Gap logo a no-go? Flurry of opinions on rebranding bid

No one will forget the social media firestorm that erupted when Gap changed its logo. Designers and communicators hated the new look, and they said so on every corner of the Web. Here’s our take on this PR disaster.

UPDATE: Gap will retain its old logo, the company announced on its Facebook page Monday.

In a statement, Hansen says, “All roads were leading us back to the blue box, so we’ve made the decision not to use the new logo on any further.”

The old logo has indeed returned to the website.

“At Gap brand, our customers have always come first,” Hansen says. “We’ve been listening to and watching all of the comments this past week. We heard them say over and over again they are passionate about our blue box logo, and they want it back. So we’ve made the decision to do just that – we will bring it back across all channels.”

She went on to say that Gap will handle things differently if they decide to change their logo in the future.

It’s undeniable. A lot of people (88 percent) who know branding don’t like Gap’s new logo, which the company quietly unveiled Monday on its website.

Commentators are not shy in speaking their minds, as the comments on this Advertising Age piece about the logo can attest.

What’s less clear is whether the 41-year-old chain, which operates more than 3,000 stores worldwide and employs more than 134,000 people, simply made a mistake or actually intended to spark all the attention it’s getting.

“We know this logo created a lot of buzz, and we’re thrilled to see passionate debates unfolding!” the company announced Wednesday on its Facebook page, which still bears the previous Gap logo. “So much so we’re asking you to share your designs. We love our version, but we’d like to see other ideas. Stay tuned for details in the next few days on this crowd sourcing project.”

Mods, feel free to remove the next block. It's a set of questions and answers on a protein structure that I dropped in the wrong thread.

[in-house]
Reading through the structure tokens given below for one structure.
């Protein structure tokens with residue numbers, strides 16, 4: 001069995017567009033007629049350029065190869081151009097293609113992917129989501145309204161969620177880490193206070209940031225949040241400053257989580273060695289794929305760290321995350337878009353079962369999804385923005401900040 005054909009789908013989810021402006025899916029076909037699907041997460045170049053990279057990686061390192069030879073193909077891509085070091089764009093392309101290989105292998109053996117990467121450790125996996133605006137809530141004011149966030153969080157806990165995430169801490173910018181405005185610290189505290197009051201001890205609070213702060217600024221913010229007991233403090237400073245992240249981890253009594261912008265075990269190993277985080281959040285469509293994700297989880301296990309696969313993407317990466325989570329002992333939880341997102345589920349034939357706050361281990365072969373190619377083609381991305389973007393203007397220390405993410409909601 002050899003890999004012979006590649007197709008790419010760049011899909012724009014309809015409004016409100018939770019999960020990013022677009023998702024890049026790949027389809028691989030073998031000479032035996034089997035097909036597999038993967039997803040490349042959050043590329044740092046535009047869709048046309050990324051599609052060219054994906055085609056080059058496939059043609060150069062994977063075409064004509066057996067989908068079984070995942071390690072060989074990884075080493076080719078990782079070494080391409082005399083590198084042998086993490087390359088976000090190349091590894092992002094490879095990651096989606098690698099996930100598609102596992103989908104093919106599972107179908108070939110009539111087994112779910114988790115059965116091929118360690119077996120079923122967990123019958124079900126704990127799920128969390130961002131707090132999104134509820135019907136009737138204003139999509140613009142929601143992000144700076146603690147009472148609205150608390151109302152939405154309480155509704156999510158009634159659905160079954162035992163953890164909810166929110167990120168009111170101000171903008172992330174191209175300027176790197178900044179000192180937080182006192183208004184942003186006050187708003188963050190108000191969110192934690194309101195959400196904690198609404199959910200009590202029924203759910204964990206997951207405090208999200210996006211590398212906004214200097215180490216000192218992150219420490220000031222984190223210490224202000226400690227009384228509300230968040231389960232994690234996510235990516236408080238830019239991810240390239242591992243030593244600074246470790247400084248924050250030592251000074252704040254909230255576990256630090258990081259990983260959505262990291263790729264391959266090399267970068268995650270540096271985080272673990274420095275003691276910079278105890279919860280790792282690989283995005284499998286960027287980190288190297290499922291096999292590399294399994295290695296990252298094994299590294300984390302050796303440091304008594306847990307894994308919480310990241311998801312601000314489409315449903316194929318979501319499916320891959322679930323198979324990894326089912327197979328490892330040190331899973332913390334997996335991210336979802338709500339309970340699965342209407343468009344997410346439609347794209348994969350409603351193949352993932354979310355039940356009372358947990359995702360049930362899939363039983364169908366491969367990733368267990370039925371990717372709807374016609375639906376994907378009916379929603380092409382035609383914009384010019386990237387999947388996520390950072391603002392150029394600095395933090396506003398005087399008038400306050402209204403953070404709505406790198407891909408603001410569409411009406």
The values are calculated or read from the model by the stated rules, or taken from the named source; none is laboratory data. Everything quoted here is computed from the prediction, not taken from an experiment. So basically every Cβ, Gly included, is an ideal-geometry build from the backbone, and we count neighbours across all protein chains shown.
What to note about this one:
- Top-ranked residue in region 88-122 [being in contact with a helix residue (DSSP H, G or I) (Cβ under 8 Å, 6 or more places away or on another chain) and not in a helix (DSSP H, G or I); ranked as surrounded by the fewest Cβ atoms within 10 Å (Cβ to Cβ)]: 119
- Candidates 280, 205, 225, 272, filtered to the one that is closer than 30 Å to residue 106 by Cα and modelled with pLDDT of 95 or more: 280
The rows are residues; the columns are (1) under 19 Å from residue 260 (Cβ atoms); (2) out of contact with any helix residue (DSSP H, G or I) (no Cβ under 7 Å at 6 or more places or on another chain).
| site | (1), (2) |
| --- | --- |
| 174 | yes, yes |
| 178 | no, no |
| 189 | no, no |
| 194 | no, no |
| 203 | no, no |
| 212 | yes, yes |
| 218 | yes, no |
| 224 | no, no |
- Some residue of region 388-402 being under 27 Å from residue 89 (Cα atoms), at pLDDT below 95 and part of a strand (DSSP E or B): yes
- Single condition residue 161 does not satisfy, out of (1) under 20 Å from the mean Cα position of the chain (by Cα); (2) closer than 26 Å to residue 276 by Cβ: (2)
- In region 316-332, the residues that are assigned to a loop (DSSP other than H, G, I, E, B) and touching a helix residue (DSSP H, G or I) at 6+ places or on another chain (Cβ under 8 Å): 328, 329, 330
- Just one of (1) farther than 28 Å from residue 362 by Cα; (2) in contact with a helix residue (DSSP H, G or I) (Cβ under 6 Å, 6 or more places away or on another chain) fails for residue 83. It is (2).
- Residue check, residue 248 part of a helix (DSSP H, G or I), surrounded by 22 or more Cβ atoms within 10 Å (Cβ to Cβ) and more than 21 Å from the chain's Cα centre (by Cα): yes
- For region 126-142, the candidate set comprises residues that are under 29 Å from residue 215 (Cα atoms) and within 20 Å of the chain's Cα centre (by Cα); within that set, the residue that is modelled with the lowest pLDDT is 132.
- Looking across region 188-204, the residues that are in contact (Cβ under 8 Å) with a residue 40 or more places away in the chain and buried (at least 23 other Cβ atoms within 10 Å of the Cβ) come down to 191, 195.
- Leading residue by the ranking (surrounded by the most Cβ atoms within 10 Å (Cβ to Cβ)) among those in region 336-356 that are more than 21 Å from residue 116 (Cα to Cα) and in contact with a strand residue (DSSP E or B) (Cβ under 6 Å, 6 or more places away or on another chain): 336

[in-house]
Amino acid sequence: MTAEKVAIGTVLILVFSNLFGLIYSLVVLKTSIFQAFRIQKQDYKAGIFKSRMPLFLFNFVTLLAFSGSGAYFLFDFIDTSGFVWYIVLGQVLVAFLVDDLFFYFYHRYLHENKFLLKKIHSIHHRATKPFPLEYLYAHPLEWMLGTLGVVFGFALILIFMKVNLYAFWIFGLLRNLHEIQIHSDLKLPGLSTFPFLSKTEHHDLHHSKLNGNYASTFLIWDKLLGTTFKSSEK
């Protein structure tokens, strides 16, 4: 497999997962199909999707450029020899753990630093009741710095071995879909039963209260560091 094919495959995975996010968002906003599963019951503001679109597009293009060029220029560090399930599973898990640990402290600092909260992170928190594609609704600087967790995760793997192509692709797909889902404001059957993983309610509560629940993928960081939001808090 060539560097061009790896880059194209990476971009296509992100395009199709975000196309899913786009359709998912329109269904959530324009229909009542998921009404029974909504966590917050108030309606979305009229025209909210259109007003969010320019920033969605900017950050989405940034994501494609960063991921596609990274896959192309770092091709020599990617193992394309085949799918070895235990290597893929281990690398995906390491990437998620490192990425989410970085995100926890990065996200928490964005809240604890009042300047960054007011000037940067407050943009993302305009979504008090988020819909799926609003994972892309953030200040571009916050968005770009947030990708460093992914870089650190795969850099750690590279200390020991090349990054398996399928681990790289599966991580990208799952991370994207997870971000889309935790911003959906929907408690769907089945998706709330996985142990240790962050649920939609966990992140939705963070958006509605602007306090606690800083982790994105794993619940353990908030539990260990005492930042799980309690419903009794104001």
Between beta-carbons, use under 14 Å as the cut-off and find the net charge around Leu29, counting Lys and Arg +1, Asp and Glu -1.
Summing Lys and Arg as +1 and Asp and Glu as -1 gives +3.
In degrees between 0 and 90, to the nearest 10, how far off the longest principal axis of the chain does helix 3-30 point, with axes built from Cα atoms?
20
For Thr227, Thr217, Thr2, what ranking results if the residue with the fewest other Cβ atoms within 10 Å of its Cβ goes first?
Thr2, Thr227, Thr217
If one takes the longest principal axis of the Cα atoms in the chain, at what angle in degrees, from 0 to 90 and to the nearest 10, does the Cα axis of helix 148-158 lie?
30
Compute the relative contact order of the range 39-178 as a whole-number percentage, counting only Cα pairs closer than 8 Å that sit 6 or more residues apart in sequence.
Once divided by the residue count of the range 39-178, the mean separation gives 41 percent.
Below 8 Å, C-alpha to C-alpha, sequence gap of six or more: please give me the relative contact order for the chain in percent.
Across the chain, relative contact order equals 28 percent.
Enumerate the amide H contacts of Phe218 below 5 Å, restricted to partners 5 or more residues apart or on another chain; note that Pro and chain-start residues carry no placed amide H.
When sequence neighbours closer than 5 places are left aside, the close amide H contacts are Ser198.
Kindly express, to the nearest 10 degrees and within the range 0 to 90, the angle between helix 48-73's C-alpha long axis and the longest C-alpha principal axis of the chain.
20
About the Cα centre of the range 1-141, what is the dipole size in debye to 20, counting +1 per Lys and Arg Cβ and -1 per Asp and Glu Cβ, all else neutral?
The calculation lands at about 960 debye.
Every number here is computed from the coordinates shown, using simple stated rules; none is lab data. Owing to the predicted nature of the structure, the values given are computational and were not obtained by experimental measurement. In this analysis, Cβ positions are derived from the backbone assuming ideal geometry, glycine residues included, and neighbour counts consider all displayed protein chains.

That post sparked 800 comments and counting as of Friday, ranging from praise for its marketing savvy to sadness over the logo change to theories that Gap is simply trying to cover up a mistake.

What were they thinking?

Just like those Facebook commenters, PR experts and designers are wondering just what Gap had in mind.

“A global company with as rich a history and as strong a brand affinity as Gap doesn’t spend millions on redesigning its logo and rebranding efforts if it intended all along to crowd-source ideas and reaction to the logo once it’s launched,” says Keith Trivitt, associate director of public relations at the Public Relations Society of America. “That’s a coverup for a rebranding effort that has clearly gone awry.”

Joe Ciarallo, director of communications at Buddy Media, says he was immediately reminded of Tropicana’s similar troubles with a logo change, which parent PepsiCo reversed not long after the new design was introduced.

“If Gap plays this right, it could actually be an opportunity for the brand,” he says. “Opening up a debate or having users vote on the new logo, before they decide to roll something out globally, is a lot less expensive than if they rolled it out globally and then decided to change it back. Then, they could talk about how they listened to their customers and responded.”

But, he adds, “Some may rightfully ask why they didn’t do that in the first place.”

Doland Ruiz, a freelance communication designer based in Los Angeles, says the whole thing, even a set of Twitter accounts (@GapLogo, @OldGapLogo) poking fun at the change, seem to be one big publicity stunt.

“It’s too good,” he says. “Too funny, and the comments are well written and advertising-related.”